Fear, focus, and the future. Here, C.M. Humphries writes about whatever.
Ever since I was inspired to pursue writing, I've written my first draft out by hand. On rare occasion, I type out a short story rather than writing it out in longhand. Most of the time, though, I still place pen against paper during the drafting process. Because of this, I'm equated to hipsters who love typewriters. I'm always told I'm wasting time and too much paper. Despite everything said, I still enjoy writing out a short story or novel by hand first, and this is my defending argument:
Writing Makes You Smarter
To be fair, this was never part of my argument. I did, however, have a similar concept: Writing by hand slowed down the process to the point I could become more conscious of my work and bring out my entire writing arsenal. This discovery about the way writing makes you smarter is another good defense.
Writing out something by hand offers benefits most other forms don't.
This is as simple as it sounds. You are looking at what you're creating.
This is a huge focus with grade schools trying to branch off from the type of handwriting courses we had to suffer through as children. Motor skills are increased just by holding the pen and writing on paper. Let this go, and your hand might cramp during the most trivial of writings, such as a reminder on a Post-It note.
This is essential early on in life. If you don't start out writing by hand, you lose the memory of what the shapes look like and how your hand can form them with the pen. I found this true with my sense of cursive. I learned how to write in all of it's lovely scribbliness, but never kept up on it. I still struggle to remember what the Qs and Ys look like.
The aforementioned attributes are essential to adults and not merely children. In fact, slowing down to write is actually like molding each thought as it develops, whereas typing right away is nothing more than throwing clay at a wall. To comprehend the full effect of writing something out by hand, simply try it and ogle at the results.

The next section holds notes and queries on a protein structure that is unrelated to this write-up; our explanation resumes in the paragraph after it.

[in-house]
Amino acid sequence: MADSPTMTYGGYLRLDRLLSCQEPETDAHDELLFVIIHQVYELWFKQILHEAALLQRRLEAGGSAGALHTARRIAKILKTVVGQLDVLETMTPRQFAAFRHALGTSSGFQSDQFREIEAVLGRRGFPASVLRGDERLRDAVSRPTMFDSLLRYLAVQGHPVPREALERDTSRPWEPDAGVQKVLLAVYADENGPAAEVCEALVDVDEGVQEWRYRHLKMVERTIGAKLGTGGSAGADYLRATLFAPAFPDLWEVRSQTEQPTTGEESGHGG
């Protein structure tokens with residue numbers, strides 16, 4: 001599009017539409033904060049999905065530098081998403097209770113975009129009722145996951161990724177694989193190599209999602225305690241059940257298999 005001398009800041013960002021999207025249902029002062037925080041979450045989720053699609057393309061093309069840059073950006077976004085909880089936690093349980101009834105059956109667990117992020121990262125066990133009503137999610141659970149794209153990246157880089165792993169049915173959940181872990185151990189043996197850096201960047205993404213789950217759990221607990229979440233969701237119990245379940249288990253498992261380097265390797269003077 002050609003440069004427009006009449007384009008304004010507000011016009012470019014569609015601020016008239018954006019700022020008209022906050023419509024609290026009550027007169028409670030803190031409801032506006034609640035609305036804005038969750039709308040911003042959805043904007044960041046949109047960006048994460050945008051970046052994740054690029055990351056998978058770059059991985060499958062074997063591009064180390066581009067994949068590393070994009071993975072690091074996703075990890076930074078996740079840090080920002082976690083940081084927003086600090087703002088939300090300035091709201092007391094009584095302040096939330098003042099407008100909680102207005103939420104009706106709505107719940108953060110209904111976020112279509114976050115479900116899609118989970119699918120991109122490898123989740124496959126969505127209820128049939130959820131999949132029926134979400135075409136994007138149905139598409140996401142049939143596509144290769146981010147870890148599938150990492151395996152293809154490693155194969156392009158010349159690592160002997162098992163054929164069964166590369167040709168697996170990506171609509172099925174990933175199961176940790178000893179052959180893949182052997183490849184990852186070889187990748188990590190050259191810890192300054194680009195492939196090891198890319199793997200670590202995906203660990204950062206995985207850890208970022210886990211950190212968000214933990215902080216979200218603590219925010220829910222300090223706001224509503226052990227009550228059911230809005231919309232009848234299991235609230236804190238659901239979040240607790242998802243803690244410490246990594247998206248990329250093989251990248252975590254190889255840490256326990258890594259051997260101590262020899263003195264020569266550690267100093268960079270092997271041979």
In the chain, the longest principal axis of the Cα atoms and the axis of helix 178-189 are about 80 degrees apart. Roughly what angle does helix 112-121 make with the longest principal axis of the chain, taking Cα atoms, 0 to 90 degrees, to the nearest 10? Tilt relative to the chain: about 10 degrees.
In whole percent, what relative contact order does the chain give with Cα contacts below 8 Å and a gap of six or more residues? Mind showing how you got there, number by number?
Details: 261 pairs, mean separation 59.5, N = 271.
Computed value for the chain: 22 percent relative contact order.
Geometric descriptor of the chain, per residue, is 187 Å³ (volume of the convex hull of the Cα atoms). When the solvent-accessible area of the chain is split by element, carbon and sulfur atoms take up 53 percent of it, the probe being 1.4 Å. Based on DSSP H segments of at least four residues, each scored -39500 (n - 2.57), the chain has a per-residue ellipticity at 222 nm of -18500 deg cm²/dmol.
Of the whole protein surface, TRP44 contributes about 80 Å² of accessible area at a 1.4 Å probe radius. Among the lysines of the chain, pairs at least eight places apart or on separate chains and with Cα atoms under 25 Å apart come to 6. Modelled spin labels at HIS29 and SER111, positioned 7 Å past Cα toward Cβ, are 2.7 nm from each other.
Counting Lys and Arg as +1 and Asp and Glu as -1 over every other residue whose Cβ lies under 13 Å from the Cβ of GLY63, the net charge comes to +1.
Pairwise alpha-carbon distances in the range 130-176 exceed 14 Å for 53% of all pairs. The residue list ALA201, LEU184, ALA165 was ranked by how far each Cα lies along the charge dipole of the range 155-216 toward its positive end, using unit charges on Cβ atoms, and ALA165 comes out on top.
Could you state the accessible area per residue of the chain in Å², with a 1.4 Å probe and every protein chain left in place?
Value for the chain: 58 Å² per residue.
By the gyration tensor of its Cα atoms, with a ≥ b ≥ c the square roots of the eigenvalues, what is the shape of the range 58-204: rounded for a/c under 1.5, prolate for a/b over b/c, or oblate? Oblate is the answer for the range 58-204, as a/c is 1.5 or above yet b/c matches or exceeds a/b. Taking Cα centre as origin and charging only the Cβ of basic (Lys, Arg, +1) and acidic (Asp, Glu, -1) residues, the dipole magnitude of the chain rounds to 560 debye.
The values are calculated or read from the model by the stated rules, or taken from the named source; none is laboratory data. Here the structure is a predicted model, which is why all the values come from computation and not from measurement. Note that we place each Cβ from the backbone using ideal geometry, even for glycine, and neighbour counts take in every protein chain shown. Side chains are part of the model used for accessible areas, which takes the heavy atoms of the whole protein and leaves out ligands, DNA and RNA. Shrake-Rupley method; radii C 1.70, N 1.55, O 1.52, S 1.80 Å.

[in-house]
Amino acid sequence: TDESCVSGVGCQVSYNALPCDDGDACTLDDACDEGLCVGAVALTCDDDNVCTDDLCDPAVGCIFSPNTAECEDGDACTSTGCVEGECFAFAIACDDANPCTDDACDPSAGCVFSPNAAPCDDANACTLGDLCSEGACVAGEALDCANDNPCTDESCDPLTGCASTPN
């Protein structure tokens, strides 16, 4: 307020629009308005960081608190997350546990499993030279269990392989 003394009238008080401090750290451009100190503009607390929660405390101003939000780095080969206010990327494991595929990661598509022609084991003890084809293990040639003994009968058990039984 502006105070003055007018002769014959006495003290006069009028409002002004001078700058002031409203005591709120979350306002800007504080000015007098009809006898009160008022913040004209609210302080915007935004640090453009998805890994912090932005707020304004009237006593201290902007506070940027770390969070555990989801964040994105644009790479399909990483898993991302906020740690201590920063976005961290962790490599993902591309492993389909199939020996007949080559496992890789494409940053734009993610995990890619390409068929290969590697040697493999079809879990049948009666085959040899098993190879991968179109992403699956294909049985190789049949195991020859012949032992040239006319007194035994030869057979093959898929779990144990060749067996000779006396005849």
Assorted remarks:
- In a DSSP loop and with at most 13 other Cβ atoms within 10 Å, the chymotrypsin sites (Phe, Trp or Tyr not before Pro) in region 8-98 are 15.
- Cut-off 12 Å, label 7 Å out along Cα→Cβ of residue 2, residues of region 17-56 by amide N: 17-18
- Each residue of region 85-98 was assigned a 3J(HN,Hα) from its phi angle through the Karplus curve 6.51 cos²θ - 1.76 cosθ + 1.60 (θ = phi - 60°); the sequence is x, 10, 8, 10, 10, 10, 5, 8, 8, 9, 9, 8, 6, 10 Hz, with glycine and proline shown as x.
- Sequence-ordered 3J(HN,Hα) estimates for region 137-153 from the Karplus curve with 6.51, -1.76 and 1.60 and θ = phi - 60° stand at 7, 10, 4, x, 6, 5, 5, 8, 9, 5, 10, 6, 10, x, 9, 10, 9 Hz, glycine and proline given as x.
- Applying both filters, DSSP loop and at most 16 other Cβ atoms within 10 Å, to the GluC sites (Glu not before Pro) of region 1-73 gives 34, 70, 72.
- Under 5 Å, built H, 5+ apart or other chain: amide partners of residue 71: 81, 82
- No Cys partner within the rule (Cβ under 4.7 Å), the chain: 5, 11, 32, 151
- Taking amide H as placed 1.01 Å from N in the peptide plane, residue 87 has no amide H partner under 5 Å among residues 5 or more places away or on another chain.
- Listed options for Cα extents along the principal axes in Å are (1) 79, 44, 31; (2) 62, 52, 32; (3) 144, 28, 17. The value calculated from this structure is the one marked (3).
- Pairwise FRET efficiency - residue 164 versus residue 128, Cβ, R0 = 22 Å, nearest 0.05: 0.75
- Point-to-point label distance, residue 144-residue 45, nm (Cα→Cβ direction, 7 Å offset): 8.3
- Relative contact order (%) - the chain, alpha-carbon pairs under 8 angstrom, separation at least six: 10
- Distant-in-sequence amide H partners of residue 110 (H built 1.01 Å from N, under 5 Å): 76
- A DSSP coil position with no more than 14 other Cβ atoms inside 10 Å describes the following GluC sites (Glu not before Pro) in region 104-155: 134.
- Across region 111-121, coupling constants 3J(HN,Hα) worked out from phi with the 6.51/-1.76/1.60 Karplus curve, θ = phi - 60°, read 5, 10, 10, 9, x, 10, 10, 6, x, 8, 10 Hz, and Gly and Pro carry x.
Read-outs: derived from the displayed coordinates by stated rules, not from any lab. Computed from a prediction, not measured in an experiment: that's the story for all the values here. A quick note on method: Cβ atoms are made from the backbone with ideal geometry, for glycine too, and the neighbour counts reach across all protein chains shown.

True Intimacy of Art & Craft
This next reason for writing by hand was part of my original defense, not that a counter-argument is truly needed for a writer's process.
Along with the psychological and mental benefits of writing by hand, I choose to write this way because I feel a closer connection with the material I am trying to produce. For many writers, the thoughts soar by so quickly there's an impulse to hop on the keyboard and try to keep up. If you've written this way, you've probably hated the revision process.
If a full story idea if rushing through my mind, the first thing I do is jot down a dirty outline, which I may revisit later. The benefit of mapping out a story first is that you can work from the inside out. That is, if you know the inner most aspects of your story, you can better create the rest with foreshadowing, character behaviors, etc.
Once you're able to access more trappings, you can then write it all out by hand, which for me tends to result in a strong first draft and fewer grammatical errors.
Maybe it's the idea of taking time with a story, but I think there's something behind the proximity of your work. On a screen, things are a little more distant and have a finished look, whereas writing provokes you to alter things when you're typing them up. Essentially, you'll already be on your second draft by the time you're typing again. Also, having that material so close to you provides a sensation of actually being in the story. Mind you, this is only my method. I'd love to know if anyone else feels the same way.
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Fear, focus, and the future. C.M. Humphries talks about writing, horror, and whatever.